Tuesday, January 18, 2011

African-American Film Festival Releasing Movement (AFFRM)

To say film publicist and filmmaker, Ava DuVernay, is busy is an understatement. Her latest project and directorial debut, "I Will Follow," hit the film festival circuit last year and now will become the first film of a a new movement, the African-American Film Festival Releasing Movement (AFFRM). I know what you're thinking, "That's a long title, but what does it mean?"

AFFRM is DuVernay's vision to address distribution issues many indy black filmmakers face. According to a NY Times report, her plan is have black films or black themed films screened in commercial theaters for two weeks through the indy film program started last year by AMC Theaters. The program, called AMC Independent (AMCi), brings indy movies to multiplexes usually reserved for Hollywood studio films. To create buzz about these films traditional and non-traditional means including social media will be used.

"The films will not be a part of normal festival programs, but will screen in all cities simultaneously with promotional backing from the festival organizations, which will share in revenue," states the article.

Those festival organizations include LA's Pan African Film Festival, New York's Urbanworld Film Festival, Philly's Reel Black Film Series, ATL's Bronze Lens Film Festival, and Seattle's Langston Hughes African American Film Festival. Chicago, Boston, and Nashville are expected to be added along with another film.

So why is this important? To put it bluntly, Hollywood ain't checking for indy black films nor does it do the best job of marketing and promoting them in my opinion. And before some of you point to Tyler Perry's success, remember his films are distributed through Lionsgate and even he has complained of the lack of screens his films are provided. Not to mention his audience followed him from theater into films. And remember Spike has complained for years about his difficulties trying to get his "joints" made and distributed through traditional Hollywood means.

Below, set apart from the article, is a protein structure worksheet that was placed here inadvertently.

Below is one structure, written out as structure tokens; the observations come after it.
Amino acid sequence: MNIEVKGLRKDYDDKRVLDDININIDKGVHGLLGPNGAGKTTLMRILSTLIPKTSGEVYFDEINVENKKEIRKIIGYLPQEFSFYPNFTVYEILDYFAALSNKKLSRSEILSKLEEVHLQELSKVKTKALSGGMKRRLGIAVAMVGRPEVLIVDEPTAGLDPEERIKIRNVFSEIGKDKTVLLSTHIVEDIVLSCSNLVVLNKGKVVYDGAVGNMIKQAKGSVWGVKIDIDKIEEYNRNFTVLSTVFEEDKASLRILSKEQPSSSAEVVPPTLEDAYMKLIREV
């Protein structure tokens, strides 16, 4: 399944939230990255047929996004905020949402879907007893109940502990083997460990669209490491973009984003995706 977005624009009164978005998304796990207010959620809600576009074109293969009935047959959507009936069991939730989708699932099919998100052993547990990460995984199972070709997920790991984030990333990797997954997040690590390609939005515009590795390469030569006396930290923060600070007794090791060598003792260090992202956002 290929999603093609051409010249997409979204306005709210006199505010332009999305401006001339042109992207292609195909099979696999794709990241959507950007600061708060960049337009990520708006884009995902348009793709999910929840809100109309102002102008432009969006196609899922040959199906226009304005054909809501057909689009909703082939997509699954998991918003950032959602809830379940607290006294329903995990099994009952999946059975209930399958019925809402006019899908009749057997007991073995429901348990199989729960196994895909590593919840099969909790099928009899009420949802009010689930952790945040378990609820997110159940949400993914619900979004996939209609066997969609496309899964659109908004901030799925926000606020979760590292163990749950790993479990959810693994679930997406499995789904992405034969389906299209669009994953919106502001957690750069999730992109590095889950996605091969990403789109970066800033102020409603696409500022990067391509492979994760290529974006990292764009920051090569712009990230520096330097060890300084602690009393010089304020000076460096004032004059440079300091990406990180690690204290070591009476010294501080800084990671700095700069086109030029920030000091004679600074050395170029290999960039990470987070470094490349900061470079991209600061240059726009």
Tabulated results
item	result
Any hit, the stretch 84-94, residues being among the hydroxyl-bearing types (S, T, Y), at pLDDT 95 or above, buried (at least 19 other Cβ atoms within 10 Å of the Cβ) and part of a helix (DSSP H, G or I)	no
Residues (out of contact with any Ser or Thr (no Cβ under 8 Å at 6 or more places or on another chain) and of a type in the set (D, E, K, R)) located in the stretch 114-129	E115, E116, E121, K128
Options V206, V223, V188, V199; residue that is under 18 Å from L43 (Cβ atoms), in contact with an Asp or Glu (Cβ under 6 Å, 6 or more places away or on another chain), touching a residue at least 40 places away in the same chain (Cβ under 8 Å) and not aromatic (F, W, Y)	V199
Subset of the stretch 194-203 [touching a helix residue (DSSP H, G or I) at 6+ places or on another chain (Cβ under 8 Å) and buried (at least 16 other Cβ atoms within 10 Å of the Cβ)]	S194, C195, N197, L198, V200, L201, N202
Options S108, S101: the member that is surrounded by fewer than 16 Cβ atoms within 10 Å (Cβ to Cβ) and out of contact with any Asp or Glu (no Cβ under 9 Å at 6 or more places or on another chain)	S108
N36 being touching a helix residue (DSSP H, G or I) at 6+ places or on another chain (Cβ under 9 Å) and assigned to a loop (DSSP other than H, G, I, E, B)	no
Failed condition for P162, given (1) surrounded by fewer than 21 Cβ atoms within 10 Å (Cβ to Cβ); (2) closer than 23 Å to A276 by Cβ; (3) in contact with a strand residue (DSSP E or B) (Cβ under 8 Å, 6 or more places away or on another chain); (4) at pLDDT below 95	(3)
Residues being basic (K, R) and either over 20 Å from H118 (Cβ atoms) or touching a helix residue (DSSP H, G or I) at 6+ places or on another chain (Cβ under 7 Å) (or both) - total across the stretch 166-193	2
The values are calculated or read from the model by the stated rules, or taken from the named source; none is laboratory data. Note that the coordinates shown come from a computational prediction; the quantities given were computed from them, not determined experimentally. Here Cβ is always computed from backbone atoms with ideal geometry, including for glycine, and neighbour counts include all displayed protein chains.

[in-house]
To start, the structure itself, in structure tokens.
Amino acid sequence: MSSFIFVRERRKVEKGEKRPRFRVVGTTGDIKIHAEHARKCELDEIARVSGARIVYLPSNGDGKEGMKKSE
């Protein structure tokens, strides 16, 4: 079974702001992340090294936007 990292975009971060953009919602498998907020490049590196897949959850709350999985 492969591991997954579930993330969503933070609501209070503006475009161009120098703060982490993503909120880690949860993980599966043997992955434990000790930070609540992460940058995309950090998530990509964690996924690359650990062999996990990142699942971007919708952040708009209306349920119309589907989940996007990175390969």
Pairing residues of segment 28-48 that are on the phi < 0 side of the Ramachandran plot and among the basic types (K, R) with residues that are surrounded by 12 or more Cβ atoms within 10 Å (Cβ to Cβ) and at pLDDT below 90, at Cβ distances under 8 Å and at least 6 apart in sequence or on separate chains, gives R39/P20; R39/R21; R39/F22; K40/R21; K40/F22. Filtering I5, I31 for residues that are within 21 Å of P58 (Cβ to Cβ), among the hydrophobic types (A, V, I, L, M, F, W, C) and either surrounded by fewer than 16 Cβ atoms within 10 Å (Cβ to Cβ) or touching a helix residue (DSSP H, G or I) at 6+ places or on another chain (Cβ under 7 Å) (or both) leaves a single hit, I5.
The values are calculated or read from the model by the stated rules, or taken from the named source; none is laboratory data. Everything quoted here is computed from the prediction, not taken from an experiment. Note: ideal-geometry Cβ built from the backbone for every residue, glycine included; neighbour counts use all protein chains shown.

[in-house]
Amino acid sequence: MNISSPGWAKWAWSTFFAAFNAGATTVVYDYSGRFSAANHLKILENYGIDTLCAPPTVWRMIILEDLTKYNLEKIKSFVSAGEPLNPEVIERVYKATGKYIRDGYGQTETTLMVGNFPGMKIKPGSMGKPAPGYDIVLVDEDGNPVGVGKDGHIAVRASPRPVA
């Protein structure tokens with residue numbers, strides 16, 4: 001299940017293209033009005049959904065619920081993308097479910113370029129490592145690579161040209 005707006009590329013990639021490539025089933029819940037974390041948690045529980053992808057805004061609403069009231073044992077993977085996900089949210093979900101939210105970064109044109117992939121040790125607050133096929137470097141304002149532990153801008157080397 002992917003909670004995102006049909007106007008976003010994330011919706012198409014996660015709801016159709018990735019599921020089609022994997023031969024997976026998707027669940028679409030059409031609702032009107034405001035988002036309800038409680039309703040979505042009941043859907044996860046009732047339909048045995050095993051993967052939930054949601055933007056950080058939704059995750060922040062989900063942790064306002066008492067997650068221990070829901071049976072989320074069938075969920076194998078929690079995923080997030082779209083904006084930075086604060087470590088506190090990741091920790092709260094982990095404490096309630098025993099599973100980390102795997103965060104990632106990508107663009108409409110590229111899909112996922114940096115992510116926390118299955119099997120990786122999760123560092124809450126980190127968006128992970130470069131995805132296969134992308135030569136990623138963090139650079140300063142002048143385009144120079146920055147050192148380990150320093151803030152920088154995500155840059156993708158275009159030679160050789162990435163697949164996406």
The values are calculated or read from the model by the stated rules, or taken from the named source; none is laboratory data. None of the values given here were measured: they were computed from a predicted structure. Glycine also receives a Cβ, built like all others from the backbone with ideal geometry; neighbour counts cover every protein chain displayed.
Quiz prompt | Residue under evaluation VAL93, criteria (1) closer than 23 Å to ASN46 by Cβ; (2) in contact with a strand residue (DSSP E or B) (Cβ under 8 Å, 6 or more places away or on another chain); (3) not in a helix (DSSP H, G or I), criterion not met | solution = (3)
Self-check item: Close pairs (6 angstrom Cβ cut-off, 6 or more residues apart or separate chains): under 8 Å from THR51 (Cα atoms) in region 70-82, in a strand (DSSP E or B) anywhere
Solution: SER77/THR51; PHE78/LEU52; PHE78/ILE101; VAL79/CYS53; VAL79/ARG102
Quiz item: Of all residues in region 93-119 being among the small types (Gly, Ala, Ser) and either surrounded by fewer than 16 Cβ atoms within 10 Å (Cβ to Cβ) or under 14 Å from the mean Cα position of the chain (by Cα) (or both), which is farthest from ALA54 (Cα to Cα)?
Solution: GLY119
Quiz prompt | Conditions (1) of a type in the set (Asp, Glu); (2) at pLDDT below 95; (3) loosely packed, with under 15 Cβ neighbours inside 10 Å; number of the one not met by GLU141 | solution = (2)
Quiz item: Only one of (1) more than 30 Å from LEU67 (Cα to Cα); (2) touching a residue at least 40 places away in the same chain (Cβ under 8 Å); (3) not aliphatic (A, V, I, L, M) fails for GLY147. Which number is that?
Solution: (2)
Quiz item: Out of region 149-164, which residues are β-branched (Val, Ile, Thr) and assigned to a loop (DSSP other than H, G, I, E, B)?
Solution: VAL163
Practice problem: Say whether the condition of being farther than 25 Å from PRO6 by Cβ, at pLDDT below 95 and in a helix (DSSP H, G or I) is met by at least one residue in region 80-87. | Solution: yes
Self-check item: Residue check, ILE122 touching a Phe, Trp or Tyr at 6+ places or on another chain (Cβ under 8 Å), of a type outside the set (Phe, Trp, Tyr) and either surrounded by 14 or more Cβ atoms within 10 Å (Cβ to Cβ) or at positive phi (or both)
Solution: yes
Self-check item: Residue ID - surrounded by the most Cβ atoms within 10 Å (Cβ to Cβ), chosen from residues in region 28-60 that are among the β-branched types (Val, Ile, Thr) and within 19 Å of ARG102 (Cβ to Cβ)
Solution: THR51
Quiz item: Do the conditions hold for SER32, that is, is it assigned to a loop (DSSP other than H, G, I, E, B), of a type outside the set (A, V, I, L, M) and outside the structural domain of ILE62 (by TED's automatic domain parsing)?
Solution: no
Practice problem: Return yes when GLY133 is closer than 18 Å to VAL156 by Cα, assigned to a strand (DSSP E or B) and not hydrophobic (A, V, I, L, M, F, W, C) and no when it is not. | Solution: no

If Tyler and Spike are having issues imagine what it's like for those lesser and unknown black independent filmmakers. The system's one factor, but the other is the audience. For this movement to be really be successful, WE who claim to love and support black film MUST SHOW UP! BUY TICKETS, DVDS! EMAIL, TWEET, BLOG, FACEBOOK! In other words support these films financially as well with our own resources, but most importantly LEAVE THE DAMN BOOTLEGS ALONE!

To learn more about the state of black filmmaking and read DuVernay's comments, please read the rest of the NY Times article.


jd_motownwest said...

Great piece compiling all the news, Alice. I agree our people have to do their part and stop with the bootlegs! But every trip to the barbershop and cornerstore tell me that distribution method is, sadly, alive and well.

ellenoir1@aol.com said...

Yes and sadly some of us that actually work in the industry support bootlegging too. Sometimes we are our own worse enemy when it comes to the business of filmmaking.

For many black movie go-ers, if there's no special effects or real high end production elements, the first thing we say is.."I'll wait for DVD." Going to the theater isn't the first thought anymore.

Thus there's no point in the black audiences complaining there are no black films on the big screen, nor getting award noms. Why pay for theater screens when the records show we'd rather sit at home and watch?